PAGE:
Measles is a very contagious disease caused by a virus. It spreads through the air when an infected person coughs or sneezes.
The symptoms of measles generally appear about seven to 14 days after a person is infected.
Measles typically begins with
Two or three days after symptoms begin, tiny white spots (Koplik spots) may appear inside the mouth.
Three to five days after symptoms begin, a rash breaks out. It usually begins as flat red spots that appear on the face at the hairline and spread downward to the neck, trunk, arms, legs, and feet. Small raised bumps may also appear on top of the flat red spots. The spots may become joined together as they spread from the head to the rest of the body. When the rash appears, a person’s fever may spike to more than 104° Fahrenheit
Measles is a highly contagious virus that lives in the nose and throat mucus of an infected person. It can spread to others through coughing and sneezing. Also, measles virus can live for up to two hours in an airspace where the infected person coughed or sneezed. If other people breathe the contaminated air or touch the infected surface, then touch their eyes, noses, or mouths, they can become infected. Measles is so contagious that if one person has it, up to 90% of the people close to that person who are not immune will also become infected.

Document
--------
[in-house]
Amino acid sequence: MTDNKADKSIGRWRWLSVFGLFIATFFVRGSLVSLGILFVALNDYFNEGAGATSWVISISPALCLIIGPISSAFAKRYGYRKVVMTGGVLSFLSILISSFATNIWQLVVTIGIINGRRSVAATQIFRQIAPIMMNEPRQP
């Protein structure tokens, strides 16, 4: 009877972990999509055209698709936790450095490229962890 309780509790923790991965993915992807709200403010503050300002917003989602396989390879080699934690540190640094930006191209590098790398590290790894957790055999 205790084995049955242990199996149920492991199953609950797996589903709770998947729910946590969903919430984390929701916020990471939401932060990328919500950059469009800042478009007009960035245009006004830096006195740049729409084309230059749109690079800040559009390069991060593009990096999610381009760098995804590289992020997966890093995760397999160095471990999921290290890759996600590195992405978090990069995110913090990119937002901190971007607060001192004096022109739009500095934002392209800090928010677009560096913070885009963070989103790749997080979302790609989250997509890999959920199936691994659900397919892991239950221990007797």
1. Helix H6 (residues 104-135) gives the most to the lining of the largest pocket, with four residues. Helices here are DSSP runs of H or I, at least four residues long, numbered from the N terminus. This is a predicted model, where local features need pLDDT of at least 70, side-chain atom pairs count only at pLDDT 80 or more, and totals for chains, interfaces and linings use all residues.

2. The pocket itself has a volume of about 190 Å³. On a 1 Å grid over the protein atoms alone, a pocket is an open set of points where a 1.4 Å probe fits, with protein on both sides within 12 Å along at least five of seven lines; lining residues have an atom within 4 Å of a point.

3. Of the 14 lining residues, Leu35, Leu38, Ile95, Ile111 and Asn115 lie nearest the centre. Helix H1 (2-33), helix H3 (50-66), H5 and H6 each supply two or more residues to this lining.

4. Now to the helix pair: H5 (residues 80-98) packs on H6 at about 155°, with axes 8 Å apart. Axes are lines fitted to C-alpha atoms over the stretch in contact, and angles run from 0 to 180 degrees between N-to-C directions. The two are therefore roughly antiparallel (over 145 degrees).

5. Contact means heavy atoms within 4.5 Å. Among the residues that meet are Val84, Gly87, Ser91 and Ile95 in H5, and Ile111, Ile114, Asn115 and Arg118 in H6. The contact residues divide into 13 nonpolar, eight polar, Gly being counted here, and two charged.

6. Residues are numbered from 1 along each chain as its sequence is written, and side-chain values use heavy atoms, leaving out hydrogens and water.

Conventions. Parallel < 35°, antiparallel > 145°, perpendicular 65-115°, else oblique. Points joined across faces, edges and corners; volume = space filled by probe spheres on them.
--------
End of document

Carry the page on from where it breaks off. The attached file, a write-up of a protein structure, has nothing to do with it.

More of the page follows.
Infected people can spread measles to others from four days before through four days after the rash appears.
Measles is a disease of humans; measles virus is not spread by any other animal species.
A: Immediately call your doctor and let him or her know that you have been exposed to someone who has measles. Your doctor can
If you are not immune to measles, MMR vaccine or a medicine called immune globulin may help reduce your risk developing measles. Your doctor can help to advise you, and monitor you for signs and symptoms of measles.
If you do not get MMR or immune globulin, you should stay away from settings where there are susceptible people (such as school, hospital, or childcare) until your doctor says it’s okay to return. This will help ensure that you do not spread it to others.
A: Immediately call your doctor and let him or her know about your symptoms you are having. Your doctor can
A: CDC considers you protected from measles if you have written documentation (records) showing at least one of the following:
A: If you’re unsure whether you’re immune to measles, you should first try to find your vaccination records or documentation of measles immunity. If you do not have written documentation of measles immunity, you should get vaccinated with measles-mumps-rubella (MMR) vaccine. Another option is to have a doctor test your blood to determine whether you’re immune. But this option is likely to cost more and will take two doctor’s visits. There is no harm in getting another dose of MMR vaccine if you may already be immune to measles (or mumps or rubella).
For more information about the measles, please visit the Centers for Disease Control and Prevention website, https://www.cdc.gov/measles/.
Content source: National Center for Immunization and Respiratory Diseases, Division of Viral Diseases